One of Sangay's nicknames is the Tibetan Obama. He is called like that because he is young, energetic, ambitious and he brings hope for a better future. On the one side, he is the first freely elected leader of the Tibetans and the expectations are naturally excessively big. He will step into office as prime-minister in exile in August. Until now this post used to belong to the Dalai Lama, who in practice used to take all important political decisions - he had the right to pass laws, convene and dismiss parliament, fire and hire ministers and appoint referenda. In principle the prime-minister of Tibet is a position which has been in place since 2001 but until now he did not have any significant jurisdiction because most functions were in the hands of the Dalai Lama. But this will change soon because the spiritual leader wants his political functions to be only symbolic and to focus entirely on his role as a religious figure, which he intends to keep playing to his last day.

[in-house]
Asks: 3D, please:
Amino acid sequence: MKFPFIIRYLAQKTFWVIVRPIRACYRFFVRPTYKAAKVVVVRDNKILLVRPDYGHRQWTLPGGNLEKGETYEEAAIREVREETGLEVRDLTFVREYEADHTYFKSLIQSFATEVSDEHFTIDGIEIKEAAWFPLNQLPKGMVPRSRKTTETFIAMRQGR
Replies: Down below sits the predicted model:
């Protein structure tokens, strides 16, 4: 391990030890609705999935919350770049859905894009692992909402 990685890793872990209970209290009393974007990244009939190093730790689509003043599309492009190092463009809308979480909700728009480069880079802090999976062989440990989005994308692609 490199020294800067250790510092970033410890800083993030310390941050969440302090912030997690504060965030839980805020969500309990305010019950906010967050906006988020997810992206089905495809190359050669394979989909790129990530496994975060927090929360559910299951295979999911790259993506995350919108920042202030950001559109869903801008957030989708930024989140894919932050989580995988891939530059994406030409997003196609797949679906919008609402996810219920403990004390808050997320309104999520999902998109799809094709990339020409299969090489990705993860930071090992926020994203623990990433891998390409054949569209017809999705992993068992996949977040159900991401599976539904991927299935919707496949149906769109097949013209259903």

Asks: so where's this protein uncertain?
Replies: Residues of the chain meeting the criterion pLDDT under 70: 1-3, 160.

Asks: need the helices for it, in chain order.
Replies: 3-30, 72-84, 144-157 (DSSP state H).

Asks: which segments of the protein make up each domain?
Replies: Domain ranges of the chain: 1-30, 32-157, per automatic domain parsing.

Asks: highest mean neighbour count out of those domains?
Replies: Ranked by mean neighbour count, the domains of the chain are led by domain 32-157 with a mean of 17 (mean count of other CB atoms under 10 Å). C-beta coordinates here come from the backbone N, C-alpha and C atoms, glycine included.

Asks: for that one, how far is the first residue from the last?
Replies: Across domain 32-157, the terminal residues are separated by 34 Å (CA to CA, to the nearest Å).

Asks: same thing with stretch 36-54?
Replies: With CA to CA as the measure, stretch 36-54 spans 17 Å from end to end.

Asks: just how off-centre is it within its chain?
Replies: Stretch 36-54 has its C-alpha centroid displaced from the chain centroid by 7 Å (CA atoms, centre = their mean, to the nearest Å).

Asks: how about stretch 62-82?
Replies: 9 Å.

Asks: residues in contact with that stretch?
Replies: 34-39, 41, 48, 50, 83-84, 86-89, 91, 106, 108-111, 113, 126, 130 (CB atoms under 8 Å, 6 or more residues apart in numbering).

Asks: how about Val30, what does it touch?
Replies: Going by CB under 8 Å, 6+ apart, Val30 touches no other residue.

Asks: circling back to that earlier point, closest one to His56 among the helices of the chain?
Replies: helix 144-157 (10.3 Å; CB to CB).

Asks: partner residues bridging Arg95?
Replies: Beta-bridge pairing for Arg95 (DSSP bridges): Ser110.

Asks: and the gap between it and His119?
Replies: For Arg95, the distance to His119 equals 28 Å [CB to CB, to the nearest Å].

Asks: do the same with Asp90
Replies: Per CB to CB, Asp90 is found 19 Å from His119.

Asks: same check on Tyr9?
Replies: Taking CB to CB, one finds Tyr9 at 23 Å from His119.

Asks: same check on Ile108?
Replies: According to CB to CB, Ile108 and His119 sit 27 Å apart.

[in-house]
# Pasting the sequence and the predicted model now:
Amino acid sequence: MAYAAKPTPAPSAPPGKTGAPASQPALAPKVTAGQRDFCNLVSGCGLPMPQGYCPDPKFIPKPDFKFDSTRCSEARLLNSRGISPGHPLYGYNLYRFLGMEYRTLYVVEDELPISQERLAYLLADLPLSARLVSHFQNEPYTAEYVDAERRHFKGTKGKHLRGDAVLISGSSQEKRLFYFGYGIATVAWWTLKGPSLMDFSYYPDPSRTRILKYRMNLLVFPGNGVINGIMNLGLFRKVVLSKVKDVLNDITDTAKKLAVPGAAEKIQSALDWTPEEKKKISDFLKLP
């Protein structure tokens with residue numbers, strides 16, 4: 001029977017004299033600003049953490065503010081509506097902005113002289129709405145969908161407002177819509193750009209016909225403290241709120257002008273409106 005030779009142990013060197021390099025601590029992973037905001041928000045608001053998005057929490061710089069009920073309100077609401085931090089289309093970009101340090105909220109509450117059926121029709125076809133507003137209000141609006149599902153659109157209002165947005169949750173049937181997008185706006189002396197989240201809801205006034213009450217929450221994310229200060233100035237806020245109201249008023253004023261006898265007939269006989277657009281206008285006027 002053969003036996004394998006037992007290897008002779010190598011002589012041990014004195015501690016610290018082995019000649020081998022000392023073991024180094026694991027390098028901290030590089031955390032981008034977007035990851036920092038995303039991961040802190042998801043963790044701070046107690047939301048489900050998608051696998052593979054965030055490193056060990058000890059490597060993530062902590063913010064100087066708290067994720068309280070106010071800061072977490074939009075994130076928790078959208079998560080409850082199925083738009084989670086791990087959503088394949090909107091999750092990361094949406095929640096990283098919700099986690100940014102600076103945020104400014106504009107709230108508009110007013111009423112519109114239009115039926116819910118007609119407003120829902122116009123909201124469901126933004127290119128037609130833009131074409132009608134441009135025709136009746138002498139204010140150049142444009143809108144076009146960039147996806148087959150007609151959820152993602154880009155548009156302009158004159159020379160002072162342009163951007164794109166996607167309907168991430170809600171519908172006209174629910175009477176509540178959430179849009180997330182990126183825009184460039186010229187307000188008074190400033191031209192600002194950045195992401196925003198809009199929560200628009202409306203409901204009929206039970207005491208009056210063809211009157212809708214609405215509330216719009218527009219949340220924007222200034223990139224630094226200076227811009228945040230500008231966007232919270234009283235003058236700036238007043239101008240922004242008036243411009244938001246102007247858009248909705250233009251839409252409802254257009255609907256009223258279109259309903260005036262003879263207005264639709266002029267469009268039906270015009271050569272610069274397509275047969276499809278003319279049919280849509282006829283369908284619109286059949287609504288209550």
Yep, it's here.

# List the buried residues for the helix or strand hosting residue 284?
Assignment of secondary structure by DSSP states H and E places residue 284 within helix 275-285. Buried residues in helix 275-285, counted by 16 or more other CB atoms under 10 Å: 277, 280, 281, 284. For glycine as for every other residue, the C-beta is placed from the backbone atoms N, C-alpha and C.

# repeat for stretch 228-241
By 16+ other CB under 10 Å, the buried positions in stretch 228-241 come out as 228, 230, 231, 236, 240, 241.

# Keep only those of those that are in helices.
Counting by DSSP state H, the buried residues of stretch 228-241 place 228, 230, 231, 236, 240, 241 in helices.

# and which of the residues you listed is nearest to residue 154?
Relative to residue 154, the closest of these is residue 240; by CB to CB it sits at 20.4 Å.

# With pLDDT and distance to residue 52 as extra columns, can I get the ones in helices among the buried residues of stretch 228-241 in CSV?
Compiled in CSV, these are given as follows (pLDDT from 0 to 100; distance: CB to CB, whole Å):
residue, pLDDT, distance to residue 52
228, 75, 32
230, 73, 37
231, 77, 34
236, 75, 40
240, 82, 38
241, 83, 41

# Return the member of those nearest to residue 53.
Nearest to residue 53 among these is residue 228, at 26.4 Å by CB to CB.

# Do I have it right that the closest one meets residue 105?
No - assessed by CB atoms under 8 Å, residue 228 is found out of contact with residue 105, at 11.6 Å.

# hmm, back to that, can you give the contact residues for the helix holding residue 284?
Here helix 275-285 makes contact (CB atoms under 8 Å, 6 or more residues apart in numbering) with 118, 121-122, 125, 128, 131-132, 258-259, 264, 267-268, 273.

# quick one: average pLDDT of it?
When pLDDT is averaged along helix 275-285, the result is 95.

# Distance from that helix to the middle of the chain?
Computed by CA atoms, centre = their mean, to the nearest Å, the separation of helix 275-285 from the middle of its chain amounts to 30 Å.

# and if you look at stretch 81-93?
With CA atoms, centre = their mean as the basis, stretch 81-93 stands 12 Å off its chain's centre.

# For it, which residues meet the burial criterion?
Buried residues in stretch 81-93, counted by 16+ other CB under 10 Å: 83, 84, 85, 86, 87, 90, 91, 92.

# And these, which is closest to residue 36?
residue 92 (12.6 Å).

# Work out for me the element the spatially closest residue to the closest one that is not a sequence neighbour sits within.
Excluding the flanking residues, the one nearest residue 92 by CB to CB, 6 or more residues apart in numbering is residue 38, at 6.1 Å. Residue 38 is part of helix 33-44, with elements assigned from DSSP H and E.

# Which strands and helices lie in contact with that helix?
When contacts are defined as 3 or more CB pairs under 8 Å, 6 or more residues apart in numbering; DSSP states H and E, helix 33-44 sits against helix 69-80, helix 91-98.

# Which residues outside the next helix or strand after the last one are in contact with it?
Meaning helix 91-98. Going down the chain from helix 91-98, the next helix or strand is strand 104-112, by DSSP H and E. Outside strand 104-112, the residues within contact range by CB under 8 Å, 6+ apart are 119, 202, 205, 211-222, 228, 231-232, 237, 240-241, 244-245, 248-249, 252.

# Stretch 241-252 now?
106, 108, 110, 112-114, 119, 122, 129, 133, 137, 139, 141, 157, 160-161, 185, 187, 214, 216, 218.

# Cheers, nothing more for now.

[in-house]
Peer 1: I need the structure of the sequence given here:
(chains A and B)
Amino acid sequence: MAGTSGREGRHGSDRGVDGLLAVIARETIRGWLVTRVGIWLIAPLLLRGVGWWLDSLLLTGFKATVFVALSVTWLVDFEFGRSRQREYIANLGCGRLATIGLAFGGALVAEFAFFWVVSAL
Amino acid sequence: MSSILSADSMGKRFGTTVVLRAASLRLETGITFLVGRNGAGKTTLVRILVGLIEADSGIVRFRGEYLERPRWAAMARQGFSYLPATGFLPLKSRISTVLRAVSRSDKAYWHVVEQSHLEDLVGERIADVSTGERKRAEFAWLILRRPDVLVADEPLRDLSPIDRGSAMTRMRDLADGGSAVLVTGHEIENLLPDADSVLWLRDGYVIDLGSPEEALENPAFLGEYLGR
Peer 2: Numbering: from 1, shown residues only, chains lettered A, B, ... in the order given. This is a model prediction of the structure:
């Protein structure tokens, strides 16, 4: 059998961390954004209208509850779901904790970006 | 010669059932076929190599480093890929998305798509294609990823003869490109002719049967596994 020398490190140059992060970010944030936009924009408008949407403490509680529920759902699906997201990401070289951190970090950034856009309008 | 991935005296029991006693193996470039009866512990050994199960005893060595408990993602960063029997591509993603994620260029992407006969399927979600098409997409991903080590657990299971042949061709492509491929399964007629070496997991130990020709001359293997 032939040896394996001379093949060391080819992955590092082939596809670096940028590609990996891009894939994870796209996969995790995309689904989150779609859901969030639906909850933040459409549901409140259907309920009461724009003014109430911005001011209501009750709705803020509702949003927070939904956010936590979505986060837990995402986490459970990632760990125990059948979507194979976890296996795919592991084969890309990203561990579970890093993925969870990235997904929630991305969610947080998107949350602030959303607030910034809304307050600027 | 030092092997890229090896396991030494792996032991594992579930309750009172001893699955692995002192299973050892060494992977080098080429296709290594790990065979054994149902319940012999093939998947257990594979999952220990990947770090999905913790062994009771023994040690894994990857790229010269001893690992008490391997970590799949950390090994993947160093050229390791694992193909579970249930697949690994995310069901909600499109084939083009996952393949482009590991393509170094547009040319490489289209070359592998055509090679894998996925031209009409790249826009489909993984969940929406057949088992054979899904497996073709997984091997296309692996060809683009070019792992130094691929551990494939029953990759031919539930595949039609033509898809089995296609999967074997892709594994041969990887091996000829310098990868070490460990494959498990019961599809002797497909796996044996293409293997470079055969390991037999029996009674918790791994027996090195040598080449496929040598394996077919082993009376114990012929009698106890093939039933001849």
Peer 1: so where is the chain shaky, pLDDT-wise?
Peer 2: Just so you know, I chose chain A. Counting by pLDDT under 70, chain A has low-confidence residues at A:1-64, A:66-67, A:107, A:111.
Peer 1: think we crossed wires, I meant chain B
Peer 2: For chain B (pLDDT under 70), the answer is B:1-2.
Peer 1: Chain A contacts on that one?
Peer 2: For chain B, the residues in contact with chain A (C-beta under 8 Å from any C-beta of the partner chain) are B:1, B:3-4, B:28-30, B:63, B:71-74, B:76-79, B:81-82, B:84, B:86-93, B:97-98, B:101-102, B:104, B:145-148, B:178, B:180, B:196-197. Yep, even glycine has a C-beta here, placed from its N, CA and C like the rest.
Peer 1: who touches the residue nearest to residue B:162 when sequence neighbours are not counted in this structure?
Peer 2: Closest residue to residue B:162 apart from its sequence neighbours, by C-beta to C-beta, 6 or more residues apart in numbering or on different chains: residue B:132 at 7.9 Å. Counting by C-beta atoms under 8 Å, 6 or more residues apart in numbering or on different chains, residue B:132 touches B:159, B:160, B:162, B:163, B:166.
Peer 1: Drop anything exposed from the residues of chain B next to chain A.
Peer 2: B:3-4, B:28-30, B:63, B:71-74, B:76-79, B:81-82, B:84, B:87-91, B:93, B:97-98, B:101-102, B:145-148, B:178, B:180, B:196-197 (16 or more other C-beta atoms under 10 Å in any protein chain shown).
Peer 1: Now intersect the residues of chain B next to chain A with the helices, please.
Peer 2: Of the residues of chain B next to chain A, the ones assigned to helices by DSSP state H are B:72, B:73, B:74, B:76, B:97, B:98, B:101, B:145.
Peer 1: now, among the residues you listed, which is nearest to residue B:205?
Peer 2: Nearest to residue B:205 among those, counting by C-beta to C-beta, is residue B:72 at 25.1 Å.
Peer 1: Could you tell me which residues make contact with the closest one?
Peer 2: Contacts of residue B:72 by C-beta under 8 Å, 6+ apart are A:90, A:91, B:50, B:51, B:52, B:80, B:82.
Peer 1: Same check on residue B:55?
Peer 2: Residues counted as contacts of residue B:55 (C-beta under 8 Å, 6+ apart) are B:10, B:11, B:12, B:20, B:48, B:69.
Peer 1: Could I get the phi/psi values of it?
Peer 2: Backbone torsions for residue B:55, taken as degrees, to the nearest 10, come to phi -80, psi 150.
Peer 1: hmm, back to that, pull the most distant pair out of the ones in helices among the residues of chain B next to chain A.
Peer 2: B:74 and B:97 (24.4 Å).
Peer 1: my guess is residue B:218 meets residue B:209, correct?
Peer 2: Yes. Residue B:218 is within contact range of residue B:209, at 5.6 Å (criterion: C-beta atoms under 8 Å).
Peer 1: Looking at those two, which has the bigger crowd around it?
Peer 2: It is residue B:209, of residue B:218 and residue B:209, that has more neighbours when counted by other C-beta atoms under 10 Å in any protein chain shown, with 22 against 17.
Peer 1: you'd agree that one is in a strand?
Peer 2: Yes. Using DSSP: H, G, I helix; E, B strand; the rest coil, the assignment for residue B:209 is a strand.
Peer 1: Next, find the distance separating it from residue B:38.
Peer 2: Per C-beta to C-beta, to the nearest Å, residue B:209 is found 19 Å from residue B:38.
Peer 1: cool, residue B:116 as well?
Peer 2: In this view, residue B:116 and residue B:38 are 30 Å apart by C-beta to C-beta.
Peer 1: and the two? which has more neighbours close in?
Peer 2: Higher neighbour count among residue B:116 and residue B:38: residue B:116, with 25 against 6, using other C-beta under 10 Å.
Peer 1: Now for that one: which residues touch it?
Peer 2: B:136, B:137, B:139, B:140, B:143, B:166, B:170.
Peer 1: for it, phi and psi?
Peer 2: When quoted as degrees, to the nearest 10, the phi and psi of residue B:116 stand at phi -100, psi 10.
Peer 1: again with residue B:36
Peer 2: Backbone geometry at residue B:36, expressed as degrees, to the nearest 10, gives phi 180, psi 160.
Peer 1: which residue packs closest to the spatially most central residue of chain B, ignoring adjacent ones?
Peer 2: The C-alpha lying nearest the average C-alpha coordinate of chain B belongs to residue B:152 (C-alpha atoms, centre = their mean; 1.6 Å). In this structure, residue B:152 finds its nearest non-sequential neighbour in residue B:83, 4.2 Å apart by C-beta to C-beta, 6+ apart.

The purpose of the resignation of the Dalai Lama is to modernise and democratise the Tibetan political system which is an anachronistic remnant from a theocratic past amidst a predominantly secular modern world.

But this does not mean that he would stop traveling around the world as a spiritual leader. As a Dalai Lama he will continue to advocate the Tibetan interests and he will be the face of the Tibetan struggle for civil rights, although not in the quality of a political figure. The 14th Dalai Lama, Tenzin Gyatso has stated many times that the Tibetans need a leader who is freely elected by them, someone he could handle his political functions to, someone outside of Chinese control. The Dalai Lama also emphasised the importance of a democratic government which could function autonomously without his instruction. And his concerns have their reasoning, because the Panchen Lama who usually selects the new Dalai Lama incarnate has disappeared several years ago and is probably held by the Chinese, and a new one has taken his place.

Rejection of Imposed Authority Divine or Human